US judge disallows FBI terror evidence

A US judge has refused to let federal prosecutors present some of the most potentially damaging evidence against a Yemeni tribal leader charged with funnelling millions of dollars to outlawed groups.

    Both Yemenis on trial in the US were extradited from Germany

    Judge Sterling Johnson ruled on Tuesday that prosecutors will not be able to present documents allegedly linking Shaikh Muhammad Ali al-Muayyad to suspected al-Qaida members in Afghanistan and Croatia.
      
    The case of al-Muayyad and his Yemeni assistant Muhammad Zayid - who are charged in federal court in Brooklyn with supporting al-Qaida and the Palestinian resistance group Hamas - is to begin on Thursday.
      
    If convicted, the 56-year-old al-Muayyad could face more than 60 years in prison. Zayid, 31, could also face more than 30 years.
      
    The government had hoped to prove al-Muayyad's ties to al-Qaida leader Usama bin Ladin with address books containing his name and phone number, which were confiscated from suspected al-Qaida fighters being expelled from the former Yugoslavia.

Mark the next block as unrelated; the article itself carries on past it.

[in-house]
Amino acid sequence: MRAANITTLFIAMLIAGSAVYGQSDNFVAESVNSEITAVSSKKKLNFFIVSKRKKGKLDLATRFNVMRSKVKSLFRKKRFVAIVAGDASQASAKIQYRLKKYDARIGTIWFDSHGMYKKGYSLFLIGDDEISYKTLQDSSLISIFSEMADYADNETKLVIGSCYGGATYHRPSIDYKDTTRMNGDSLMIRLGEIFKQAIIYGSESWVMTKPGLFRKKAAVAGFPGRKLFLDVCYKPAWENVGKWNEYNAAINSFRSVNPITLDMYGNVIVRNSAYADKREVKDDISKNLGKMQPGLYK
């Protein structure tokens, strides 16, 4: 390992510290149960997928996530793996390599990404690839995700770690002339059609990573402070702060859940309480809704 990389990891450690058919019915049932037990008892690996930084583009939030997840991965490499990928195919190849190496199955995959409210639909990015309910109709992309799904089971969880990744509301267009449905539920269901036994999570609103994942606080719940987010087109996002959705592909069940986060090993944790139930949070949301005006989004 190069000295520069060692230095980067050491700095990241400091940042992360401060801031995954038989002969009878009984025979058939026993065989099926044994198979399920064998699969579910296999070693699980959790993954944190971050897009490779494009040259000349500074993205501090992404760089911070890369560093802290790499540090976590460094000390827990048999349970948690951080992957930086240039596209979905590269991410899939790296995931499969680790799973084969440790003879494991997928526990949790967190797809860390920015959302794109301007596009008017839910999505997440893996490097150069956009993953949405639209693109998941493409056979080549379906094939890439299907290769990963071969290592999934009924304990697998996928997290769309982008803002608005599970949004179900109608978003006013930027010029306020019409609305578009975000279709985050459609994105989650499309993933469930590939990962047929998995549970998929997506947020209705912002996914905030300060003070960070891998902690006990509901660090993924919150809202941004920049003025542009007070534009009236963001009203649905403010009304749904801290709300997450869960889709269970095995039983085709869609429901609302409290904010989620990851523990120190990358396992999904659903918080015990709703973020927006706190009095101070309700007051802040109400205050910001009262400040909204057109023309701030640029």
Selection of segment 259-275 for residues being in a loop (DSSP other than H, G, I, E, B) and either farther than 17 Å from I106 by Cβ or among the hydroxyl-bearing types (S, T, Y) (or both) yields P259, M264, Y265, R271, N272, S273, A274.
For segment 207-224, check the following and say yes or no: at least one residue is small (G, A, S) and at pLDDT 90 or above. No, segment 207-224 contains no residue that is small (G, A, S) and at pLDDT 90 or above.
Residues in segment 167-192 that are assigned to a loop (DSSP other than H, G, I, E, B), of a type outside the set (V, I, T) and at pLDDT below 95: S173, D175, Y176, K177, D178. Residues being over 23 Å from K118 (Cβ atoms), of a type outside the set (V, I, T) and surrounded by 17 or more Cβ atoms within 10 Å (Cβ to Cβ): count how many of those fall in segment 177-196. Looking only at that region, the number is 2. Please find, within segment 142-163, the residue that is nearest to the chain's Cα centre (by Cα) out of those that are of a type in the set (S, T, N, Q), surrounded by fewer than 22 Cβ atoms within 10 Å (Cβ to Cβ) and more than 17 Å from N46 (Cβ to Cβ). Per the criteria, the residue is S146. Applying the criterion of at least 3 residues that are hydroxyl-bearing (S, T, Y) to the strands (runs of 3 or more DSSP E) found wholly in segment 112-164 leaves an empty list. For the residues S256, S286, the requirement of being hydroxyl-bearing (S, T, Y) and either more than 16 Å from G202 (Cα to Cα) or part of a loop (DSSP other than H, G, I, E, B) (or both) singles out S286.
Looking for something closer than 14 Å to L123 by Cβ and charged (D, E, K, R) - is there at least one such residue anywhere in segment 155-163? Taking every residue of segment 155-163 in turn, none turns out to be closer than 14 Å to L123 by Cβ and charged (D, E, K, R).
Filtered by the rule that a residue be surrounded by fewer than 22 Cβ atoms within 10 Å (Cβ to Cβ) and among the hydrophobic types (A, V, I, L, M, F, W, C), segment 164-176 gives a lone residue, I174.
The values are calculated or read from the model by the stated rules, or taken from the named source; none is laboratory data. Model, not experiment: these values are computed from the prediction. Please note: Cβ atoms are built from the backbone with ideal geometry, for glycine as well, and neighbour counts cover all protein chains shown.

The government also planned to introduce an admission form for an al-Qaida Afghan training camp that used al-Muayyad as a reference. 
      

    "[The evidence is] so remote, I am going to preclude the government from using it"

    Judge Sterling Johnson

    But the judge called the Croatian evidence "so remote, I am going to preclude the government from using it".
      
    He went on to exclude the Afghan evidence, apparently agreeing with a defence argument that the presence of al-Muayyad's name on the form was not sufficient proof of wrongdoing.

    "We don't know who put this name in," the judge said. 
      
    FBI informant

    He also ruled a videotape showing al-Muayyad with a high-ranking Hamas official on the day of an Israeli bombing could not be introduced without the testimony of Muhammad al-Anasi, an FBI informant who recorded it.
      
    The al-Qaida charge was first undermined in November 2004, when al-Anasi, the government's main informant, set himself on fire in front of the White House in a protest against what he called government mistreatment.
      
    Al-Muayyad and Zayid were arrested two years ago in Frankfurt, Germany, after they were recorded discussing a $2.5 million transfer.


      
    Defence attorneys have said the pair were interested only in getting the money to Islamic charities.

    SOURCE: Agencies


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